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How to enter a formula without a function in Excel

By Bryce Emley · November 1, 2023
A hero image with the Excel logo on a green background

If you've ever gone into a grocery store without your reusable bag because you're "just getting one thing," you've probably learned the hard way that consolidation solves many of life's problems. Entering a formula in Excel without a function is kind of like carrying your groceries without a bag: you can do it, but it's much easier when you package all those tiny little elements into one convenient vessel.

Let's say you want to add cells A1 through A3 together—instead of the manual formula entry of =(A1+A2+A3), you can use the =SUM function, so the formula instead looks like: =SUM(A1:A3). The whole point of Excel functions is to streamline the computation process and cut down on human error. And since there aren't many types of calculations you can make in Excel without them, entering formulas without functions isn't very common.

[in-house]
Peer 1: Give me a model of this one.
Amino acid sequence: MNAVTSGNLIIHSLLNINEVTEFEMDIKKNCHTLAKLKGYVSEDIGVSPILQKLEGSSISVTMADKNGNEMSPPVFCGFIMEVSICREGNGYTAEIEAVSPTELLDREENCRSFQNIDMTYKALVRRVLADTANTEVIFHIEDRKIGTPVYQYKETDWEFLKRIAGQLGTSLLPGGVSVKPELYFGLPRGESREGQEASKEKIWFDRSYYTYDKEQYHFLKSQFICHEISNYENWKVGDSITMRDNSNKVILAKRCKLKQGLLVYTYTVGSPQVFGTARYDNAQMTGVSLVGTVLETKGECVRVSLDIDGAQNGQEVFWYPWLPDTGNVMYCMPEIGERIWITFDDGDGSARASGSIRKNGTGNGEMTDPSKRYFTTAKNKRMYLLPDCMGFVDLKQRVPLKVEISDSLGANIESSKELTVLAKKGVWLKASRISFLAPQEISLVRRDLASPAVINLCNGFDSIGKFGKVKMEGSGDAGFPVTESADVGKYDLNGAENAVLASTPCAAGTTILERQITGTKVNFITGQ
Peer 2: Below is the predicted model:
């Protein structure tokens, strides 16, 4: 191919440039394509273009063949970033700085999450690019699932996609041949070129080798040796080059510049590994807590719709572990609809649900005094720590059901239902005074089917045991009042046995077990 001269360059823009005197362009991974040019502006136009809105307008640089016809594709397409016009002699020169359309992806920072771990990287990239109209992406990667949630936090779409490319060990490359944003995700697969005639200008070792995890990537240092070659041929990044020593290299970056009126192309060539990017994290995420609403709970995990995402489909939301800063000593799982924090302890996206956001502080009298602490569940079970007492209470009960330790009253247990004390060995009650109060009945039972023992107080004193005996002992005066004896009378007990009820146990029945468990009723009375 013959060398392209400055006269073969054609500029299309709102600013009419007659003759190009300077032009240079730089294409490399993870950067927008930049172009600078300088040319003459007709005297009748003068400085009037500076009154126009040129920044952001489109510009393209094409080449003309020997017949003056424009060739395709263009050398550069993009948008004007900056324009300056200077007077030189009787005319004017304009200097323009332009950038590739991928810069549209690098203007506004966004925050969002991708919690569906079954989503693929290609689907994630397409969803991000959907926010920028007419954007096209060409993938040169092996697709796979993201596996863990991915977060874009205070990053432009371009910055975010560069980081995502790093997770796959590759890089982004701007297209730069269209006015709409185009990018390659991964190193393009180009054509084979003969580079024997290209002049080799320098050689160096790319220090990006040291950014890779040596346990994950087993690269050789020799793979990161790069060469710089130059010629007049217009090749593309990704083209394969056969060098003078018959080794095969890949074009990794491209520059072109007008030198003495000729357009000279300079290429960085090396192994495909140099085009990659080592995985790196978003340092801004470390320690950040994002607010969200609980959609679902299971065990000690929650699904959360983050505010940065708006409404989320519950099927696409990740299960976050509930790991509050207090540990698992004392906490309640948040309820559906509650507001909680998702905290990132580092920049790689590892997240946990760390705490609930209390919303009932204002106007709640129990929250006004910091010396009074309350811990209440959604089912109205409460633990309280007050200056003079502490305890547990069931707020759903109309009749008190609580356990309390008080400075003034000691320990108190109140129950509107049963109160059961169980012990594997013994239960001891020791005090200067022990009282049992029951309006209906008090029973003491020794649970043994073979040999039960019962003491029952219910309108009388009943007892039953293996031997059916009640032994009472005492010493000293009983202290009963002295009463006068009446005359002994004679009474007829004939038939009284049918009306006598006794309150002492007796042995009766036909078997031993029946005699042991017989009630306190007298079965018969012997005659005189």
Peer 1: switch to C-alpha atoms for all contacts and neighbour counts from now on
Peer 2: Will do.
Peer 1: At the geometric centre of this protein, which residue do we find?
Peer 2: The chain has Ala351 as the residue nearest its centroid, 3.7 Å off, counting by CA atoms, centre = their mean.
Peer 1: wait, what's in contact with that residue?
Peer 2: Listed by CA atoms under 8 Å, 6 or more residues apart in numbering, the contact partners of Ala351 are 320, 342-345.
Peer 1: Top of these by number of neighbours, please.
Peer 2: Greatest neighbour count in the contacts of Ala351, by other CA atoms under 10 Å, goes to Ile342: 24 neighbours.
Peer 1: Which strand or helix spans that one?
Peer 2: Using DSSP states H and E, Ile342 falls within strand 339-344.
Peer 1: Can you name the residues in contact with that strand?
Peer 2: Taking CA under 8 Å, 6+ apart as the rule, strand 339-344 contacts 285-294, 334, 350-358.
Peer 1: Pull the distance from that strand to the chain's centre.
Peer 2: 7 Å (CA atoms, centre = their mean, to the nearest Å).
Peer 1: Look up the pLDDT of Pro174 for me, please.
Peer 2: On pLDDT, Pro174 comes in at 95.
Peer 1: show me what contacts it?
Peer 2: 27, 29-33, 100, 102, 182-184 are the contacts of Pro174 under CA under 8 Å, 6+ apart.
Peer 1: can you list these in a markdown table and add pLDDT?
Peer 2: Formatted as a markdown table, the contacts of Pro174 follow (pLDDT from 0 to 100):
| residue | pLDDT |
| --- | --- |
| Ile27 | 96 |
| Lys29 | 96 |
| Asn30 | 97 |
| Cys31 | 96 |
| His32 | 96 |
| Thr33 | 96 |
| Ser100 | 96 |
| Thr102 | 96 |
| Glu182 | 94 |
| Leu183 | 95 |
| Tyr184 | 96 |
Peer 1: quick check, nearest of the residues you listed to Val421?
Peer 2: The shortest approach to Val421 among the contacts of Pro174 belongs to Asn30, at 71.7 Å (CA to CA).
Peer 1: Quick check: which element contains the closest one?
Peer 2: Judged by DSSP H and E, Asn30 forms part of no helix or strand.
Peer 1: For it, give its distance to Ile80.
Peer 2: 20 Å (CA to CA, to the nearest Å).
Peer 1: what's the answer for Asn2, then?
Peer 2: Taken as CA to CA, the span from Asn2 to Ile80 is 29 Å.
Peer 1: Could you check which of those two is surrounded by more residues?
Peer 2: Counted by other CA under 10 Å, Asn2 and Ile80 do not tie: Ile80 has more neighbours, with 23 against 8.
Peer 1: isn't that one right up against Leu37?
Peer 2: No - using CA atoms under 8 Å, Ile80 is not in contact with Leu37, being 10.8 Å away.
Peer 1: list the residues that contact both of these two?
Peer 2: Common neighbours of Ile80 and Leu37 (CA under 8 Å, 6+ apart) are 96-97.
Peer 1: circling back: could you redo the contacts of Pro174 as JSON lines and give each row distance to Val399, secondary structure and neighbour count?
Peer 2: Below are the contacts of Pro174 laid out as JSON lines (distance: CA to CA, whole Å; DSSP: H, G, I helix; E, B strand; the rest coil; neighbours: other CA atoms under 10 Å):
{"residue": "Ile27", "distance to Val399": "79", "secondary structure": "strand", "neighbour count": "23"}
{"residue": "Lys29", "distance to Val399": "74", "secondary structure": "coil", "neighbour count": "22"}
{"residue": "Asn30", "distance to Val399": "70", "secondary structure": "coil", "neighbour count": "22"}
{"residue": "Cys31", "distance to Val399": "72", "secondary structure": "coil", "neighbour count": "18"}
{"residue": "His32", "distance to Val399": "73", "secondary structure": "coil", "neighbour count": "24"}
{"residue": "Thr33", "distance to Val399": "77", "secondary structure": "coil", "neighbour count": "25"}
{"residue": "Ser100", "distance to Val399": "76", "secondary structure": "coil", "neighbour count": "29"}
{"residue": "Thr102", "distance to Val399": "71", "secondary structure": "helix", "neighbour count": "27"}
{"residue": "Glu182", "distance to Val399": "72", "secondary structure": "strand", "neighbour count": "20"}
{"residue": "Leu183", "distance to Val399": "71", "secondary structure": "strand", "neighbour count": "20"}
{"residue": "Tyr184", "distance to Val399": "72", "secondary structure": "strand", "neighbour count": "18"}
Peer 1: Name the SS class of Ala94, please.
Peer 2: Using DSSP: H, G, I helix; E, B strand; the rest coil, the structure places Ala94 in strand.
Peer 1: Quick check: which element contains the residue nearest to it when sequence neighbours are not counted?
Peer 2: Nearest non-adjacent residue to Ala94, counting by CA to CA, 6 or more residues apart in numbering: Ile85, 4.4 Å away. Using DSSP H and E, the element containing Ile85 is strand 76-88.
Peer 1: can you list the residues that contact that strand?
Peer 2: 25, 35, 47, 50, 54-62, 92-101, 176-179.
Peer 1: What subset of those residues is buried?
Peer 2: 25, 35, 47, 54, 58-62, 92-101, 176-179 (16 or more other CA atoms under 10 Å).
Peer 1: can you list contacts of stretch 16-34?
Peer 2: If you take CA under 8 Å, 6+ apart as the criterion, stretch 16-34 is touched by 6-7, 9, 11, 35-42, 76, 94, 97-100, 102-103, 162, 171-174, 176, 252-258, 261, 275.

Granted, there are a few niches in which it can be useful to know how to enter a formula without a function in Excel, which I'll go into below. If you're in one of those niches, buckle up, because things are about to get Excel-lent.

Table of contents:

What's the difference between a formula and a function in Excel?

Excel formulas are mathematical sequences a user enters to calculate something within the spreadsheet. It's like using a calculator but with the capabilities of your full keyboard. Meanwhile, Excel functions are preset terms you can use within a formula that consolidate one or more actions into one tidy command, like SUM, AVERAGE, or VLOOKUP. Basically, they're math shortcuts.